It is important to have both qualitative and quantitative indicators for tracking, measuring and evaluating performance, to capture the holistic perspective of the project goals. It is also important to select a reasonable number of indicators to ensure that performance measurements are met and accomplished, while not over specifying and removing opportunities that may evolve throughout the project lifecycle.
Quantitative Key Performance Indicators (KPI):
The following section outlines some of the KPIs identified for the performance measurement process of our project. This section details the KPI, the data source and associated responsible resource. The table following this section summarizes this information in the context of associated outputs, outcomes, and target completion dates.
- Number of aadsookaanan lessons created
- Number of hours of video produced
- Number of courses for which curriculum is implemented
The above KPIs are designed to track performance with respect to the outputs for this project. Data will be provided in the form of a summary report to be submitted by the SMEs to the project manager who will then report to the advisory committee on a biannual basis.
- Number of K-12 STEM courses successfully completed by K-12 students
- Percentage of K-12 students needing remedial help in STEM subject areas
- Number of K-12 students who have at least a basic ability to code
- Number of K-12 students who know the key concepts expressed in each of our core
- Annual participation rate in number of traditional Nishnaabe activities for K-12 students
Qualitative Key Performance Indicators:
- Teacher feedback and opinions
- Student feedback and opinions
Other Key Performance Indicators
In addition to the specific KPIs that the project team has identified for tracking performance on specific project outputs and outcome, all outputs will also be evaluated through implementation of financial- and schedule-based KPIs. Financial- and Schedule-based KPIs for reporting on outcomes are less reliable and therefore these KPIs will only be associated with the following project outputs:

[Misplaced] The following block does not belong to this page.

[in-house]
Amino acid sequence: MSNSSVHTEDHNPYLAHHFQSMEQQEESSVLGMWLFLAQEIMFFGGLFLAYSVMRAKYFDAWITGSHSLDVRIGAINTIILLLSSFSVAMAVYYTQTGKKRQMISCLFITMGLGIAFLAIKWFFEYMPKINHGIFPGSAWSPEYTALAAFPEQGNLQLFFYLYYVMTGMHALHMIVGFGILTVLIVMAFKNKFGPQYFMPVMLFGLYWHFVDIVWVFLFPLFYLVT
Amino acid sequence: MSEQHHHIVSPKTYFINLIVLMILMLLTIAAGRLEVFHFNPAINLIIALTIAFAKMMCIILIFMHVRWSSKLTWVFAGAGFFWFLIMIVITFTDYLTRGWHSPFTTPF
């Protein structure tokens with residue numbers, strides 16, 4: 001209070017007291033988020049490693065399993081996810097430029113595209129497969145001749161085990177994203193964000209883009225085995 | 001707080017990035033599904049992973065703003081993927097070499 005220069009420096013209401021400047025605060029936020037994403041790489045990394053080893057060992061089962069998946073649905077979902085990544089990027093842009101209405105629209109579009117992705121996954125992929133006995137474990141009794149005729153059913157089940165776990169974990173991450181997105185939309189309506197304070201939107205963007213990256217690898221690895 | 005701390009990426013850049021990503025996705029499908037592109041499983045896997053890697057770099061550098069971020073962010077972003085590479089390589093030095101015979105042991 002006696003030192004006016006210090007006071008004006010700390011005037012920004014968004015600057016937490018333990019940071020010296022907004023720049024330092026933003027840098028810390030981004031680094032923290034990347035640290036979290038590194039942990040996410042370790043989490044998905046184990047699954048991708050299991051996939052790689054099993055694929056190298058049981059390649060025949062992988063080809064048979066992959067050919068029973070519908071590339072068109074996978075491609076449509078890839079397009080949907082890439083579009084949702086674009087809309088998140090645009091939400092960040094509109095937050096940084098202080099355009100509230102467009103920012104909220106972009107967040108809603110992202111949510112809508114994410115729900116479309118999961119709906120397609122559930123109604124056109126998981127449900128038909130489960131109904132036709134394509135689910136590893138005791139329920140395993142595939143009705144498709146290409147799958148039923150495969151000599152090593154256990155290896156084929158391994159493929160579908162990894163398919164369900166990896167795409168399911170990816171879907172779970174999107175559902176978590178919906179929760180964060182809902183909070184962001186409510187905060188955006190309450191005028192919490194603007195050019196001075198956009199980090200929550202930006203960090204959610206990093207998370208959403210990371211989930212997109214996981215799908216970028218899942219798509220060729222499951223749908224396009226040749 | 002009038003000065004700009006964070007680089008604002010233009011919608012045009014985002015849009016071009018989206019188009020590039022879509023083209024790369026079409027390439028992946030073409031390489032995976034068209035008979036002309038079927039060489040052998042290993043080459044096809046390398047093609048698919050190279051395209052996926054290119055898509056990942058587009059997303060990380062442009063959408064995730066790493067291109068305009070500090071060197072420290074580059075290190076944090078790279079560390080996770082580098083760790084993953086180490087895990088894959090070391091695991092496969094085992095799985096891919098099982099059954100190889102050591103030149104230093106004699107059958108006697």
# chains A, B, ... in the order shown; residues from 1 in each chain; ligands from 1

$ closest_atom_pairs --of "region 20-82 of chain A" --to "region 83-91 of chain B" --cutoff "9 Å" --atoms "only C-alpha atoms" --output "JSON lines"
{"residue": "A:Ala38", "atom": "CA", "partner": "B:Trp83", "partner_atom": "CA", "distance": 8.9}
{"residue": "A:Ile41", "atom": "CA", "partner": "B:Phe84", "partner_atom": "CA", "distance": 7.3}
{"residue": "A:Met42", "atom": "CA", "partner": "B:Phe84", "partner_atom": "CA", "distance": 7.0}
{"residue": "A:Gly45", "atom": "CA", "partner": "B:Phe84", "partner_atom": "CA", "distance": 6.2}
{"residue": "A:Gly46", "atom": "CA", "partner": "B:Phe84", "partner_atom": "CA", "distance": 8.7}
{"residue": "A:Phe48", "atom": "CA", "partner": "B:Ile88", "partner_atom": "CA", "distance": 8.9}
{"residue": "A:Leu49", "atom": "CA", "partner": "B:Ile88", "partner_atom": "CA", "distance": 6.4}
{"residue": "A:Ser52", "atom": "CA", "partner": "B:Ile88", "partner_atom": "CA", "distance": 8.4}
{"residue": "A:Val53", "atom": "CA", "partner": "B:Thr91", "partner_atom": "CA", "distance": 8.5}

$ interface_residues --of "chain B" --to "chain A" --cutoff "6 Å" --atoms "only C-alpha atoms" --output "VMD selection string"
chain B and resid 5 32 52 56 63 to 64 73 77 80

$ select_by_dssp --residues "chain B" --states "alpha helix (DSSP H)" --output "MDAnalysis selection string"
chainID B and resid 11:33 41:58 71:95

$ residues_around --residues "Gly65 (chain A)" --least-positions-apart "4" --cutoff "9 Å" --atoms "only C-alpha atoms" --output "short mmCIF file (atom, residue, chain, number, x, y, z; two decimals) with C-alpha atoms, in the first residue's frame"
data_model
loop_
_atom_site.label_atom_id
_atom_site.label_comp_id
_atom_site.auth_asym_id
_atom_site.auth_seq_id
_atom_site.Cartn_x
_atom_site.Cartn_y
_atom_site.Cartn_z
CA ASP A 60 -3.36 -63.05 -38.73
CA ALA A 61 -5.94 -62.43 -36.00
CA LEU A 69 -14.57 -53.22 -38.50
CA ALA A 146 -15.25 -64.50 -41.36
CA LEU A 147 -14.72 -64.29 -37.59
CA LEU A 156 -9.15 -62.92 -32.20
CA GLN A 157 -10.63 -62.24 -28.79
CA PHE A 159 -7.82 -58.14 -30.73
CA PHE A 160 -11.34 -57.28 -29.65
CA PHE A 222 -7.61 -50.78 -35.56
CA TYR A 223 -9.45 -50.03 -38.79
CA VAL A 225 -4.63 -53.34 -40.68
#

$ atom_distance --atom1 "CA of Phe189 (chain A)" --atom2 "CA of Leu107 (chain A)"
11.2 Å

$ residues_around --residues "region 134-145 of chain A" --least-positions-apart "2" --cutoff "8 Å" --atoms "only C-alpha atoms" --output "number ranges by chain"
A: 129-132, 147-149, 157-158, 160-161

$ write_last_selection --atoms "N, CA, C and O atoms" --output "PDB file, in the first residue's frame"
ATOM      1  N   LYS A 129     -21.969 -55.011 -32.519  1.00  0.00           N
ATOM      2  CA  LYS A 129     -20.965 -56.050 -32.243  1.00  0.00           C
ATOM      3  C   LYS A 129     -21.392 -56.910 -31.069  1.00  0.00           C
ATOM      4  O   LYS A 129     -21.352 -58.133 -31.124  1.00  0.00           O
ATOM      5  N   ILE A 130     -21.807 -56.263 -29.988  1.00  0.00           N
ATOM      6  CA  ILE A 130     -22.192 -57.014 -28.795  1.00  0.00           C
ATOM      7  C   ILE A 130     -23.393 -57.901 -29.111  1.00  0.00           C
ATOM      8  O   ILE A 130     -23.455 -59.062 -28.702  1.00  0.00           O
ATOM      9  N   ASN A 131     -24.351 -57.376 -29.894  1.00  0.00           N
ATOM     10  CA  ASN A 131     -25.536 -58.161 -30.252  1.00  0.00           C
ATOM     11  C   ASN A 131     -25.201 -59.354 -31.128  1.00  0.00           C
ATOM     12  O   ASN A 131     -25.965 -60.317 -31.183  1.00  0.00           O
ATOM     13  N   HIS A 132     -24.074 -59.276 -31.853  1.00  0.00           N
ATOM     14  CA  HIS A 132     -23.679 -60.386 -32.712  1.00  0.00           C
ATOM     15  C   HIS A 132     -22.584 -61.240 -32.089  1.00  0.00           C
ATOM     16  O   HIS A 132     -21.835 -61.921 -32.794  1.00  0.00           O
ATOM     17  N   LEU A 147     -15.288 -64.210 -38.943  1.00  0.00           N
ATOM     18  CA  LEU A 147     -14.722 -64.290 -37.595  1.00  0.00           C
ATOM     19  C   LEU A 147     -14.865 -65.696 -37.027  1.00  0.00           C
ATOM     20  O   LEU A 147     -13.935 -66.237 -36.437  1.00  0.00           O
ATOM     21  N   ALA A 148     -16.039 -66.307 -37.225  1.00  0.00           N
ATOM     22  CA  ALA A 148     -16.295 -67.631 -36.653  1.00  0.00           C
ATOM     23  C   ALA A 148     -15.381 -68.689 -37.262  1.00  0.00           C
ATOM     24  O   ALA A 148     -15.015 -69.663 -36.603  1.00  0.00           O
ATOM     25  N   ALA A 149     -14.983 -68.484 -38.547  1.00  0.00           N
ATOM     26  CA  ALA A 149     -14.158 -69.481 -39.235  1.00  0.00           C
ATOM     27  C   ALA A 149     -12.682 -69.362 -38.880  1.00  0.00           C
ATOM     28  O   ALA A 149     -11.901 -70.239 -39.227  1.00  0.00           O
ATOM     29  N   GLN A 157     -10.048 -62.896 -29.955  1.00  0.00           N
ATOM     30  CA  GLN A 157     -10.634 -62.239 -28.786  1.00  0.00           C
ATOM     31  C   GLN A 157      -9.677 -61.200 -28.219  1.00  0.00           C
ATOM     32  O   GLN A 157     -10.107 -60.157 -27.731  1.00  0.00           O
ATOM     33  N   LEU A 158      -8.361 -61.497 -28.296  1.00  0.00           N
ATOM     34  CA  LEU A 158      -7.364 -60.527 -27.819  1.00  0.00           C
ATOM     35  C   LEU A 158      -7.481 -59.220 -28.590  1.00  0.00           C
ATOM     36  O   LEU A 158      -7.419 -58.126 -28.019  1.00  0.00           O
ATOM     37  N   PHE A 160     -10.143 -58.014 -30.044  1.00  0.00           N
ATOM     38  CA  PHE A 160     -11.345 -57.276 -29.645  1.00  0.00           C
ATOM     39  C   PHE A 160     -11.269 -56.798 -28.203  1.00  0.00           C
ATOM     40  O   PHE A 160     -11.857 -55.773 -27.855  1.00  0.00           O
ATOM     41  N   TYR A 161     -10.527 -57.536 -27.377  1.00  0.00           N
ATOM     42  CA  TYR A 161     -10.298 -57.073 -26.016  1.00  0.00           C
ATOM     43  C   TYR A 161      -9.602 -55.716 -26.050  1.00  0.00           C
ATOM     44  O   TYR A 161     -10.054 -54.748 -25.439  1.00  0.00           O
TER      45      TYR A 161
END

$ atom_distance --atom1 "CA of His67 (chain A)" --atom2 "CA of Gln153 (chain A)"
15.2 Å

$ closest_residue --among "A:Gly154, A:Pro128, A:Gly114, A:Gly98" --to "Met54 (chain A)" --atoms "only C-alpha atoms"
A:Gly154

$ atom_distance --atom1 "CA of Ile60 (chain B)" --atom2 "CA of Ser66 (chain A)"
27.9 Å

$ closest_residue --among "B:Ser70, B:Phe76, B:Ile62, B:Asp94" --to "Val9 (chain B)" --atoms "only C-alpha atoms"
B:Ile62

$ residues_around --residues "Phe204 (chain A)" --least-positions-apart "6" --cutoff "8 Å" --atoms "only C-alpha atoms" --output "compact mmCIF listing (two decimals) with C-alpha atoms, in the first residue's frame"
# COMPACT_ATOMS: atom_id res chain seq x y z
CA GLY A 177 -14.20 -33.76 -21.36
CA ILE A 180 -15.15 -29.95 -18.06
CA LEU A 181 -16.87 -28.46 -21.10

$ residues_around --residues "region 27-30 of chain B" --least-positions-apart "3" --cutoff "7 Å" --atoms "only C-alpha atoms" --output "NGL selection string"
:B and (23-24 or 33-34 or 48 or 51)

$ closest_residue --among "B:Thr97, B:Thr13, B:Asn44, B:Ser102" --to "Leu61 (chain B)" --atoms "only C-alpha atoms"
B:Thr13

- Estimated Budget vs. Actual Expenditures (Financial)
- Target Completion Date vs. Actual Completion Date (Schedule)
Source of Data and Reporting Role and Responsibilities
With respect to tracking the Key Performance Indicators listed above, much of the data required including; participation rates, hours of aadsookaanan and STEM video developed, student grades etc. can be collected directly from the open-source online Open edX platform. clear and concise reporting of the Key Performance Indicators will also be a vital component when measuring the progress made throughout this project.
Since teaching staff will be responsible for the direct oversight of students’ engagement with the curriculum (i.e. grading), they will play a large role in assessing and reporting on the performance of students and the quality of educational materials developed. Reporting of these performance indicators will then be communicated to the project team for further analysis. The project team will be responsible for tracking their internal performance, regarding budgeting and scheduling.
Understanding that the intent is to develop an outcome-based contribution agreement with Infrastructure Canada, where payments will be triggered by the successful achievement of progress toward outcomes, we have developed a payment schedule that is simple, manageable and associated with the completion of milestones as outlined in detail in Chapter 8.
Identifying risks that may be presented throughout the project lifecycle is an essential component of project management as it allows the project team to proactively establish mitigation strategies to effectively minimize the impact of the risk on the project before it occurs. The table below summarizes a list of potential risks related to the above Key Performance Indicators, as well as the associated mitigation strategies that will be implemented to ensure that the delivery of this content remains effective, up to date, and on schedule.